NFL players state case on Capitol Hill

WASHINGTON - NFL players swarmed Capitol Hill on Wednesday, asking key lawmakers to take a tough look at team owners' profits as delicate talks begin over how the two sides will divide millions in television revenue.

As part of a daylong series of lobbying visits, the new head of the players union also urged members of Congress to consider the impact of labor trouble on retired and disabled players, who he said could lose health and other benefits if a deal is not reached soon.

The union's executive director, DeMaurice Smith, noted that even though the contract doesn't expire for two years, only one more season will have a salary cap. Once that goes, he said, so does the league's responsibility for funding its share of the benefits for retired and disabled players - a charge the league denied.

In a meeting with Rep. Linda Sanchez, D-Calif., and several players, Smith said that he didn't have the 'luxury' of putting off a deal because of the impact on former players.

'I don't think it's morally right when a league makes $8 billion a year' for retired and disabled players to have their benefits cut, he told a sympathetic Sanchez.

Two years ago, Sanchez held a hearing highlighting problems that retired players had in fighting through red tape of both the league and the union while overcoming multiple surgeries, dementia and homelessness.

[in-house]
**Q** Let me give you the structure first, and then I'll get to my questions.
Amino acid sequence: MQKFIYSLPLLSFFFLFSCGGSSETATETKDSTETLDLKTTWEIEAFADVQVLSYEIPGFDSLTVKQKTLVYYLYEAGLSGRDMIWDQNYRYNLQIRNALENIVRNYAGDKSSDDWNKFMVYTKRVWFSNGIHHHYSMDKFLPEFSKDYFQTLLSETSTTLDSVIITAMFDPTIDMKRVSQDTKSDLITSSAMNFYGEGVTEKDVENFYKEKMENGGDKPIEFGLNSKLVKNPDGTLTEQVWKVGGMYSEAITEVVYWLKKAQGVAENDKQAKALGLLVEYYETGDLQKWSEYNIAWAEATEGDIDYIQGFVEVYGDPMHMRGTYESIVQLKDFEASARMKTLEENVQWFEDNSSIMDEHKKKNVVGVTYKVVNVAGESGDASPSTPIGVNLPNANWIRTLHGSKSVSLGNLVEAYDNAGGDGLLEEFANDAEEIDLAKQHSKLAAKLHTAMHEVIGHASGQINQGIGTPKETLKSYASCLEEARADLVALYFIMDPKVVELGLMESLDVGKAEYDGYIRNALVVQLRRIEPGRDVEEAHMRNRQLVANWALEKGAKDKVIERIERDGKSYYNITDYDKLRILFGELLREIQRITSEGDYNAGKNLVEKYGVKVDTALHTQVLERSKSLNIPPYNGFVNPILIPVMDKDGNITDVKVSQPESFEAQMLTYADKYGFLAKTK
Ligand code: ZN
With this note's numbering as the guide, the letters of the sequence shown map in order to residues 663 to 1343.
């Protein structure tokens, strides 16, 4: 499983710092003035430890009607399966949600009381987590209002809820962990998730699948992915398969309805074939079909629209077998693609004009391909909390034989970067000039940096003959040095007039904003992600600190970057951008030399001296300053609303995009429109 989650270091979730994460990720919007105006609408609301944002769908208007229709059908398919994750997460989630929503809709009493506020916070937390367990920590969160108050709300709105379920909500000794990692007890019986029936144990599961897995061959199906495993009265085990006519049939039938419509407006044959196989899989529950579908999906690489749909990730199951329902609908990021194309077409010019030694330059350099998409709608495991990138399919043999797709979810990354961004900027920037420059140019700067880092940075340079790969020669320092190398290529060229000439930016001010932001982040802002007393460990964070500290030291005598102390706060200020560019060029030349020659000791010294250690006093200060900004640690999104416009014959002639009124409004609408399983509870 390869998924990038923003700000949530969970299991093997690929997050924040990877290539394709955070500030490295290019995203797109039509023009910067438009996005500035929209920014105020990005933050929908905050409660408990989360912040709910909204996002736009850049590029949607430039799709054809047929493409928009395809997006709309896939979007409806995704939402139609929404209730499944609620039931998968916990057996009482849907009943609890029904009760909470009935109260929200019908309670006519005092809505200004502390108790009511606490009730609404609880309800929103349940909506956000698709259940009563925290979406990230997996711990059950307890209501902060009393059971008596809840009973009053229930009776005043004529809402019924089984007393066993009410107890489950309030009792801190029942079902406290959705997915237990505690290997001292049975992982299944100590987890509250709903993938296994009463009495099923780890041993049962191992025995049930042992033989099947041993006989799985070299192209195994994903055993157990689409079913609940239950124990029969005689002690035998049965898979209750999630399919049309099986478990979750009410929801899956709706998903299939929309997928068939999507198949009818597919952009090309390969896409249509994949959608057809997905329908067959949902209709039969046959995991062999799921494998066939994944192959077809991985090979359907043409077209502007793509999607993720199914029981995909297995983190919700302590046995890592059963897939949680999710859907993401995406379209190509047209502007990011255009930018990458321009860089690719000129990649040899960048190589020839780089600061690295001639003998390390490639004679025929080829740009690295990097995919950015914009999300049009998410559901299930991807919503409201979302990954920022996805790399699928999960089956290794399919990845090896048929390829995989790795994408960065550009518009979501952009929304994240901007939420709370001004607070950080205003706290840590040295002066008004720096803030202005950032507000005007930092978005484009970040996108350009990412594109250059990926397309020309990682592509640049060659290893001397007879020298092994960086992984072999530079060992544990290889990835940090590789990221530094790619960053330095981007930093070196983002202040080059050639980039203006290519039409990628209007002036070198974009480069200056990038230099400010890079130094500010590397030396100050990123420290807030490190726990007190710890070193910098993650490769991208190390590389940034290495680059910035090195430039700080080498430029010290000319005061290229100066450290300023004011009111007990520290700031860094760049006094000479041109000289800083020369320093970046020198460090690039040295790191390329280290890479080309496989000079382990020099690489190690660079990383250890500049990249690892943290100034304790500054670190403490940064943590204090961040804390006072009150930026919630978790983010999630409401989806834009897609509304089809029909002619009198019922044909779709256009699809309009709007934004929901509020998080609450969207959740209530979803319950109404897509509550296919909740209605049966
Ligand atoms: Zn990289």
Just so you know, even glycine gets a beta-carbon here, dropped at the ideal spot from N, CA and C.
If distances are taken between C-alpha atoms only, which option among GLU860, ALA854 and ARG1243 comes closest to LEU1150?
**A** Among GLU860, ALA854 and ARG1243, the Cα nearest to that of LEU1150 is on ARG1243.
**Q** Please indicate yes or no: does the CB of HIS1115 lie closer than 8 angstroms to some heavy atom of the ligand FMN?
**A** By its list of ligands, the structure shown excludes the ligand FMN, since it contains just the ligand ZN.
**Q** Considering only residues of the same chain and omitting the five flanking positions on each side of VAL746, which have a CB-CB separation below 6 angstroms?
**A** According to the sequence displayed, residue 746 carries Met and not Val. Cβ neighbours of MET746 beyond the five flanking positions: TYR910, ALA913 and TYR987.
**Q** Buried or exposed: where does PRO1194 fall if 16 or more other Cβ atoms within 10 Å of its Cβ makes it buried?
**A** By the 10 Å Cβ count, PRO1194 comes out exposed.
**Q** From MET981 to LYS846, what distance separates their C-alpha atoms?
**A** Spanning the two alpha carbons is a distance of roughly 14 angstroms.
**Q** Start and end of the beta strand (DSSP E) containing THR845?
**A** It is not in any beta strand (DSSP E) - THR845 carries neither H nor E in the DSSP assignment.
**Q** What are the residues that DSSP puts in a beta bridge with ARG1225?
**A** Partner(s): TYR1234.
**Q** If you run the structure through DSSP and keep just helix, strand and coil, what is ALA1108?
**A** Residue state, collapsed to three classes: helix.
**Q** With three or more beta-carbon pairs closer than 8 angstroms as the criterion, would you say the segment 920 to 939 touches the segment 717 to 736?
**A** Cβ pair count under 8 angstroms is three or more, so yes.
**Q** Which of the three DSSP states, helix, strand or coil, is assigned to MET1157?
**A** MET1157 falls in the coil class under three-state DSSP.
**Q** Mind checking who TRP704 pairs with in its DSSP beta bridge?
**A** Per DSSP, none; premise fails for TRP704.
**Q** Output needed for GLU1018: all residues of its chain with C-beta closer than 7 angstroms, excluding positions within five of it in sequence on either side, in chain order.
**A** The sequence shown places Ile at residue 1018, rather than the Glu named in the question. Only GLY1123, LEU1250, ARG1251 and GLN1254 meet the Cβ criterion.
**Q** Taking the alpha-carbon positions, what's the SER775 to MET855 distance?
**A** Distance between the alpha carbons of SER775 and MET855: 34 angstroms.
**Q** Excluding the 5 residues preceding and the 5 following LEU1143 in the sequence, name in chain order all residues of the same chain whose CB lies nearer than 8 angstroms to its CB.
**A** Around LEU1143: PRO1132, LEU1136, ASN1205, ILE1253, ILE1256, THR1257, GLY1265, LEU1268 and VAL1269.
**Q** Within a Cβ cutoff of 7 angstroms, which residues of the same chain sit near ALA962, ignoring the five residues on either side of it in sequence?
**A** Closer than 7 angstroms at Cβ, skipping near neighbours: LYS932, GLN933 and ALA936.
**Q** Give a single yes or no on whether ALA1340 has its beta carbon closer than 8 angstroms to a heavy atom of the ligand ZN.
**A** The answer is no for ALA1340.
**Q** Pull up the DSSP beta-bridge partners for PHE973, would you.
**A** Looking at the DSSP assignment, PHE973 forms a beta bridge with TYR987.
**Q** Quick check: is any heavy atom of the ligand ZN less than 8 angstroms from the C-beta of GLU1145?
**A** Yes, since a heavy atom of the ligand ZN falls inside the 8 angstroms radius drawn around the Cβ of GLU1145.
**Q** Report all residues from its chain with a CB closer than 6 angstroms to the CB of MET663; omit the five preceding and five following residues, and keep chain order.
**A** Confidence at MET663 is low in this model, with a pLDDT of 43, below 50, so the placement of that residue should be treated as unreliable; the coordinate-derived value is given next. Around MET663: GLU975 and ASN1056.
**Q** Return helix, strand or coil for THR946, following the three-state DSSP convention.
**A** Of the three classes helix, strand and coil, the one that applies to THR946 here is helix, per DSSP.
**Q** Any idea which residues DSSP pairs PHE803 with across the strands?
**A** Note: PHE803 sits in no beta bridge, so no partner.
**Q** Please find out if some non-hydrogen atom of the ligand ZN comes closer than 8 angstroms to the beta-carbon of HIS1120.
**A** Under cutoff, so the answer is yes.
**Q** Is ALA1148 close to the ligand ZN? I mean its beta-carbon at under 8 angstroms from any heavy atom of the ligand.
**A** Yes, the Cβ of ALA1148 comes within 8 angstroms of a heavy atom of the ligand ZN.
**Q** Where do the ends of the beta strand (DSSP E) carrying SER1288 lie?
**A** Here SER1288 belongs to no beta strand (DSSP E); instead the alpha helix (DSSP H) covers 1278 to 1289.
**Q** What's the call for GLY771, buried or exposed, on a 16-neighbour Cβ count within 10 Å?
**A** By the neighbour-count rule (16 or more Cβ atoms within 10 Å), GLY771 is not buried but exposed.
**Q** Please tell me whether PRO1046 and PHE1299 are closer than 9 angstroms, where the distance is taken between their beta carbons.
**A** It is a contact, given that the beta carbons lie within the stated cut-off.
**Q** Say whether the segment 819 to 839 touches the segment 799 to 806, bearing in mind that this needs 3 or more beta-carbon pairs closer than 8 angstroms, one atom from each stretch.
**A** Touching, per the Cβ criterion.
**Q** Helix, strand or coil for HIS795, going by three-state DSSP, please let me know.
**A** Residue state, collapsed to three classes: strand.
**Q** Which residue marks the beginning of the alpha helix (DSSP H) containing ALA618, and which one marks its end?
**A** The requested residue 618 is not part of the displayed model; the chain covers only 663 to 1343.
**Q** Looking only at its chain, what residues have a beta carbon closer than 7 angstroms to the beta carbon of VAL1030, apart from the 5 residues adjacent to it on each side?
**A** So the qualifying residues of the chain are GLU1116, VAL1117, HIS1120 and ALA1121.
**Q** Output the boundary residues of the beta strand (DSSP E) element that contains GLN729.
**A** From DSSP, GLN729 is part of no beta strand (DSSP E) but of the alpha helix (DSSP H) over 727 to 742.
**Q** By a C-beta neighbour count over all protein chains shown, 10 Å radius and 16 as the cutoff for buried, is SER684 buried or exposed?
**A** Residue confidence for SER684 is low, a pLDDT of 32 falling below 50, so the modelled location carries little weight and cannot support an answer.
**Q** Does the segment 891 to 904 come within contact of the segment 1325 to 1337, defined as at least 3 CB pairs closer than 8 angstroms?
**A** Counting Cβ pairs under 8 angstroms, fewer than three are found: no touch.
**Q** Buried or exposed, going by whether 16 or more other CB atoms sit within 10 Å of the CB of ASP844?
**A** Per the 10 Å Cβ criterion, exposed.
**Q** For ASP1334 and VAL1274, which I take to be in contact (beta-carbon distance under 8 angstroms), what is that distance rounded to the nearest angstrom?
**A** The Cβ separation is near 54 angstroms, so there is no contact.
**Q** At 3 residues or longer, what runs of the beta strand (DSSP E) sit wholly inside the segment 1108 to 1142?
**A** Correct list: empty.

Sanchez told Smith that his predecessor, the late Gene Upshaw, seemed more concerned with current than retired players. Smith responded that the union has a 'moral obligation' to retired players, adding, 'We've all embraced change.'

Kansas City Chiefs linebacker Mike Vrabel told the congresswoman that in choosing a new executive director, the union sought someone who could help bridge the gap between the current and retired players.

Smith also asked for congressional help in getting the NFL to open its books, saying it's hard to negotiate a deal without knowing how much each of the teams makes. He said that Congress has leverage over the league because of the benefits it provides, such as the antitrust exemption for broadcasting contracts.